Tongbei Quan is also called Tongbi Quan, back-through Chuan or arm-through Chuan. It is one of the most popular schools in north China. Back-through Chuan is characterized by movements based on birds and animals-monkeys, eagles, cranes and cats.
Due to its long history, it boasts of various names in different places, such as the Wuxing (five elements-metal, wood, water, fire and earth), six-combinations, five-monkey, axe-hitch and the Shaolin. Although there are different names, the different styles of Tangbei Quan are all based on the same Chuan theory and have the same origin. The major schools and styles of Tongbei Quan are as follows:
1. In 1937 Wu Tianxu wrote in his book Tongbei Quanshu that this school of Chuan had been called the back-through which was later changed to the white ape school and long-armed ape school. Qing Dynasty practitioners called it the traveling, traveling Chuan or Chang Quan (long-range Chuan).
2. Some say that Tongbei Quan was created in the period of the Five Dynasties (907-960) or in the Song Dynasty (960-1279). One theory is that it was created by Han Tong, recorded in some Chuan literature as one of the 18 Chuan masters of the ancient times. Another proposition says that it was created by Chen Tuan in the early Song Dynasty and in the middle of the Qing Dynasty Lu Yunqing taught it to Qi Taichang. In his book Wushu Theory, Xu Yusheng wrote that Chen Tuan, also called Chen Tu’nan, lived in seclusion in Mount Hua during the Five Dynasties. He could sleep for 100 days without getting up. Emperor Taizong of the Song Dynasty conferred a designation of Dr Xiyi on him. Chen was said to have created 12 sitting exercises.
3. Huang Zongxi, a well-known scholar of the Ming Dynasty (1368-1644), wrote in his Essay of Southern Thunderbolts, that Tongbei Quan was the best among all Chuan schools. Later, Huang Baijia in his biography of Dr Wang Zhengnan said that Tongbei Quan is Chang Quan or long-range Chuan. The arm-through Chuan can thus be said to have been popular in the Ming Dynasty.
4. According to the Chuan chronicles by Xiu Jianchi (1931), Qi Xin of Zhejiang went to teach the back-through Chuan at Gu’an in Hebei Province in the middle and latter half of the Qing Dynasty. His style was then called Qi-style Chuan which was later named as Tongbei or back-through Chuan. Qi’s son, Qi Taichang improved and developed the Chuan techniques. People then divided Tongbei Quan into an old style (represented by father) and a new one (represented by son). The old style emphasizes simplicity and power whereas the new style concentrates on exquisiteness and suppleness. Many masters emerged in this school later. Tongbei Quan now in practice is generally divided into two styles. One has been passed down from Qi Xin, the father and the other from Qi Taichang, the son. Xiu Jianchi, a successor to the new style, combined the best elements of his predecessors and left his theoretical summaries on stances, methods and philosophy of the Chuan to his followers, Xiu’s writings are precious materials for the study and research of Tongbei Quan.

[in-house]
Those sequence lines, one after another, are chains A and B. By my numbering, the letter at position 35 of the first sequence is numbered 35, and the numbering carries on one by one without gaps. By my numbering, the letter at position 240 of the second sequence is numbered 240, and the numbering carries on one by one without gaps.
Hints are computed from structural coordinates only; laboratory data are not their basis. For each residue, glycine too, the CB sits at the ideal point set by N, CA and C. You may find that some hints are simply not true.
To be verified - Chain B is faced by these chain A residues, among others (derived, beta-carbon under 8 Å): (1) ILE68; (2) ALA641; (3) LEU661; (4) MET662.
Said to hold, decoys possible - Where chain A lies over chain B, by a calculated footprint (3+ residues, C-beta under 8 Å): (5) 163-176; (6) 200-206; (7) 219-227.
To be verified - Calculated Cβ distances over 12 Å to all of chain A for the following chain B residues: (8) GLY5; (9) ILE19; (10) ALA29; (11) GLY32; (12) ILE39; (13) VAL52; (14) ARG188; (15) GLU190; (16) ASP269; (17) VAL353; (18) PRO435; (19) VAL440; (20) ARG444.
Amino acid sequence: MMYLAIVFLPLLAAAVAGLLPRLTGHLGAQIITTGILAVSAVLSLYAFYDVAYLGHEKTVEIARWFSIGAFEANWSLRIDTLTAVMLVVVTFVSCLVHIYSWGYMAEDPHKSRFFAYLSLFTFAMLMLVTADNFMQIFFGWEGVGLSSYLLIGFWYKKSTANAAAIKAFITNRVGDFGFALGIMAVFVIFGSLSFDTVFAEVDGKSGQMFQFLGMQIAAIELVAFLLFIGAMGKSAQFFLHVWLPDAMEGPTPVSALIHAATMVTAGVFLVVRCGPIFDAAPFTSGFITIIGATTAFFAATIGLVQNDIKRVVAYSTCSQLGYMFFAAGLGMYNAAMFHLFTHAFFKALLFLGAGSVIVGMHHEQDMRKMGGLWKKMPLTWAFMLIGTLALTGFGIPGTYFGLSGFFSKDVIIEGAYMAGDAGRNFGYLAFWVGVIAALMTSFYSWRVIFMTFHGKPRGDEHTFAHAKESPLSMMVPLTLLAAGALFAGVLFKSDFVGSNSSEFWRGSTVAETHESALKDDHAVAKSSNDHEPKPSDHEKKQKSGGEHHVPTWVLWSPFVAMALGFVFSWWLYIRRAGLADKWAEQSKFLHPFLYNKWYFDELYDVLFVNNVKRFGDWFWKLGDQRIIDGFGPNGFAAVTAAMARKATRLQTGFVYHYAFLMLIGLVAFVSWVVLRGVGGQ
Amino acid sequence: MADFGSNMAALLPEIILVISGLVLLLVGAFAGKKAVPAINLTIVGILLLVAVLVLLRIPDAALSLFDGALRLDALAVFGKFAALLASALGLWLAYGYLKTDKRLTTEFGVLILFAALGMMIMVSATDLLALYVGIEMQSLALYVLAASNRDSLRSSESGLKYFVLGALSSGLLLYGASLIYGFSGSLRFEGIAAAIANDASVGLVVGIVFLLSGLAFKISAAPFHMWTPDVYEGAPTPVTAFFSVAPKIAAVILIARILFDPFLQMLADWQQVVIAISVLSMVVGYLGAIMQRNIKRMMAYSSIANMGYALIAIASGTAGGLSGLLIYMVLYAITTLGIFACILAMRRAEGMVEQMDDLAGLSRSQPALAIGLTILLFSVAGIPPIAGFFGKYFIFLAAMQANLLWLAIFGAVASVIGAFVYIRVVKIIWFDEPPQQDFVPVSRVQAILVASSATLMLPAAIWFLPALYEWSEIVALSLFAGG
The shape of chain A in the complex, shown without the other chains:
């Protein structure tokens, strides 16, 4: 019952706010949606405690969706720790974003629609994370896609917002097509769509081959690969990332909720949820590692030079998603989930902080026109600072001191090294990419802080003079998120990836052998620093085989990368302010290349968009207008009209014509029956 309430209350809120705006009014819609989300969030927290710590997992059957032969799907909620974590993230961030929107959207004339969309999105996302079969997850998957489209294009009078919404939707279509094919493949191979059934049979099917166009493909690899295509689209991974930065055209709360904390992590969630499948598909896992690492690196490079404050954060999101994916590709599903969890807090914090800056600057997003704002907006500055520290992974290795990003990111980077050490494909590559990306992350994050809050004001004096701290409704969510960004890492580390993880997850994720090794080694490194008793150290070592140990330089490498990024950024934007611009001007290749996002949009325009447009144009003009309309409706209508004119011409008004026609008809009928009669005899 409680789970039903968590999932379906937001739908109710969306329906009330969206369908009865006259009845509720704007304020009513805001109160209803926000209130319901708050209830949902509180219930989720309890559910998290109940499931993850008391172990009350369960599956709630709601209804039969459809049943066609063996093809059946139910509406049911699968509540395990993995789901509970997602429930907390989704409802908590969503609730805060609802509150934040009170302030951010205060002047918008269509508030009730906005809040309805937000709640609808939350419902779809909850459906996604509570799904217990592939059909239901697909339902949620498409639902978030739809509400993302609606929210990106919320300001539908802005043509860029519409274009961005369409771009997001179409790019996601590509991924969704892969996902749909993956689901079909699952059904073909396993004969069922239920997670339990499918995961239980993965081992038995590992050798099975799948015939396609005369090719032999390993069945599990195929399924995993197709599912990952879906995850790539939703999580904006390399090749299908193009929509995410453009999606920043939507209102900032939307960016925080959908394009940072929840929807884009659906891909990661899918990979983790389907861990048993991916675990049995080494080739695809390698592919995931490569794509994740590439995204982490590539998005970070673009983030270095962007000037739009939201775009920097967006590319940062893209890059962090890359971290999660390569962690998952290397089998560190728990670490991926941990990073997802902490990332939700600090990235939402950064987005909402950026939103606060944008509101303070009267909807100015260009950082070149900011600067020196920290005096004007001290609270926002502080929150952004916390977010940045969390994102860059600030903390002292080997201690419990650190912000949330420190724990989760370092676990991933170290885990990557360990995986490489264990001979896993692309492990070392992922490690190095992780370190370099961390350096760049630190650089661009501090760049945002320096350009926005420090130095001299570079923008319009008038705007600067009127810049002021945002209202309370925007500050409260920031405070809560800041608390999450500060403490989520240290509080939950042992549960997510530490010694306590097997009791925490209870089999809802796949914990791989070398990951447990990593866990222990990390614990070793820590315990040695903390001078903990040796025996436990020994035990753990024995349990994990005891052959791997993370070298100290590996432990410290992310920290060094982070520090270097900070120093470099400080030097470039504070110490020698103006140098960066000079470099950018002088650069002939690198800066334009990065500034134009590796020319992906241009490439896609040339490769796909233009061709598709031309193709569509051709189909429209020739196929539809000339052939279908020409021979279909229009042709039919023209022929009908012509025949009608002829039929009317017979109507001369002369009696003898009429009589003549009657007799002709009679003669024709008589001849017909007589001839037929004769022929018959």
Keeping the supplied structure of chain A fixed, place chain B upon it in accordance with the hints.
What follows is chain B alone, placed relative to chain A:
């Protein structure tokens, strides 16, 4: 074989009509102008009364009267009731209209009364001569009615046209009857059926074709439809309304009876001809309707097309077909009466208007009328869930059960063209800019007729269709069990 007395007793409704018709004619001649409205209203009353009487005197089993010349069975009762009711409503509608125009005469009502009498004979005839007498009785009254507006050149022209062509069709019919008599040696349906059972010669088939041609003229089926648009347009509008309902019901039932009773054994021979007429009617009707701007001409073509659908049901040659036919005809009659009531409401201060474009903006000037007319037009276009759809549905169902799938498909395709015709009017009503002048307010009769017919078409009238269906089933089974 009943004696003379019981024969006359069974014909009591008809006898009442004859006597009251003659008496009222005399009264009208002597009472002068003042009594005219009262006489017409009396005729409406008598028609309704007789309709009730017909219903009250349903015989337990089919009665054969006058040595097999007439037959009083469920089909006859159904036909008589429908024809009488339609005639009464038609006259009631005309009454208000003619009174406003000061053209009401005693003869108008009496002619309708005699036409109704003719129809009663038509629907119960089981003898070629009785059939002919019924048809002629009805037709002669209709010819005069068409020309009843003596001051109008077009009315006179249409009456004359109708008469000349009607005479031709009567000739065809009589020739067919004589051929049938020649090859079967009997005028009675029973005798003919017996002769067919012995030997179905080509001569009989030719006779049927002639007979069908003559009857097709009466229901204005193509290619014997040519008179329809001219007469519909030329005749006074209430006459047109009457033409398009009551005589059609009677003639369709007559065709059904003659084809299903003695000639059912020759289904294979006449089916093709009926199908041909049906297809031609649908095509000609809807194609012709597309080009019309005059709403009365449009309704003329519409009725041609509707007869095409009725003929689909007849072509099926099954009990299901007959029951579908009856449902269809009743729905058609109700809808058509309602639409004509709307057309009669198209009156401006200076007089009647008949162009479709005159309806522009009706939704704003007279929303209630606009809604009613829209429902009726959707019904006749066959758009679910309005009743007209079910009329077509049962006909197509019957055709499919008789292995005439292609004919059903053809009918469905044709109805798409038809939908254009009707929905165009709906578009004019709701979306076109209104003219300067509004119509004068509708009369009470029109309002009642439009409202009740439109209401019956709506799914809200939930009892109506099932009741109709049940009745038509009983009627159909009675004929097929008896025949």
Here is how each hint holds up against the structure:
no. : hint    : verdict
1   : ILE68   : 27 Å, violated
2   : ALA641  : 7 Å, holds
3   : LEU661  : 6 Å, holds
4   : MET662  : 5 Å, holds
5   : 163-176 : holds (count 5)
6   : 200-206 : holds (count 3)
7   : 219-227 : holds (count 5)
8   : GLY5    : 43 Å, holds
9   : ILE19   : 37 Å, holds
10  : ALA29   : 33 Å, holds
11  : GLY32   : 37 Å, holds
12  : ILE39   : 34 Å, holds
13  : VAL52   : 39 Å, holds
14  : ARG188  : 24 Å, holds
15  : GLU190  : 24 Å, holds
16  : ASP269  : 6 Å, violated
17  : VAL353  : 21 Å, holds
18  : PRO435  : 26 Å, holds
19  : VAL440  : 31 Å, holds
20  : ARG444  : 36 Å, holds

Originally Tongbei did not refer to a school of Chuan but to a way of exercise. “Tong” (through) means to pass through and reach, “Bei” (back) means the human back. When the exercises are done, power is generated from the back to pass through the shoulders and then reach the arms. In this way, heavy blows can be delivered at the arm’s length to control the opponent. Tongbei Quan emphasizes the combination of inner core and outward application. It takes the five elements as its core and back-through as its application. Back-through Chuan takes the five elements of traditional Chinese philosophy as its basic theory. This philosophy holds that the heaven is a big world while the human being is a small one. The five elements of the heaven are metal, wood, water, fire and earth while those of the human being the heart, liver, spleen, lung and kidney. The five elements of Chuan are wrestling, batting, piercing, axing and boring. The Chinese Chuan philosophy believes that everything in the world finds its roots in the five elements while all Chuan schools are also based on its five elements. The following table demonstrates the interrelations among the five elements of the heaven and those of the human being and Chuan:
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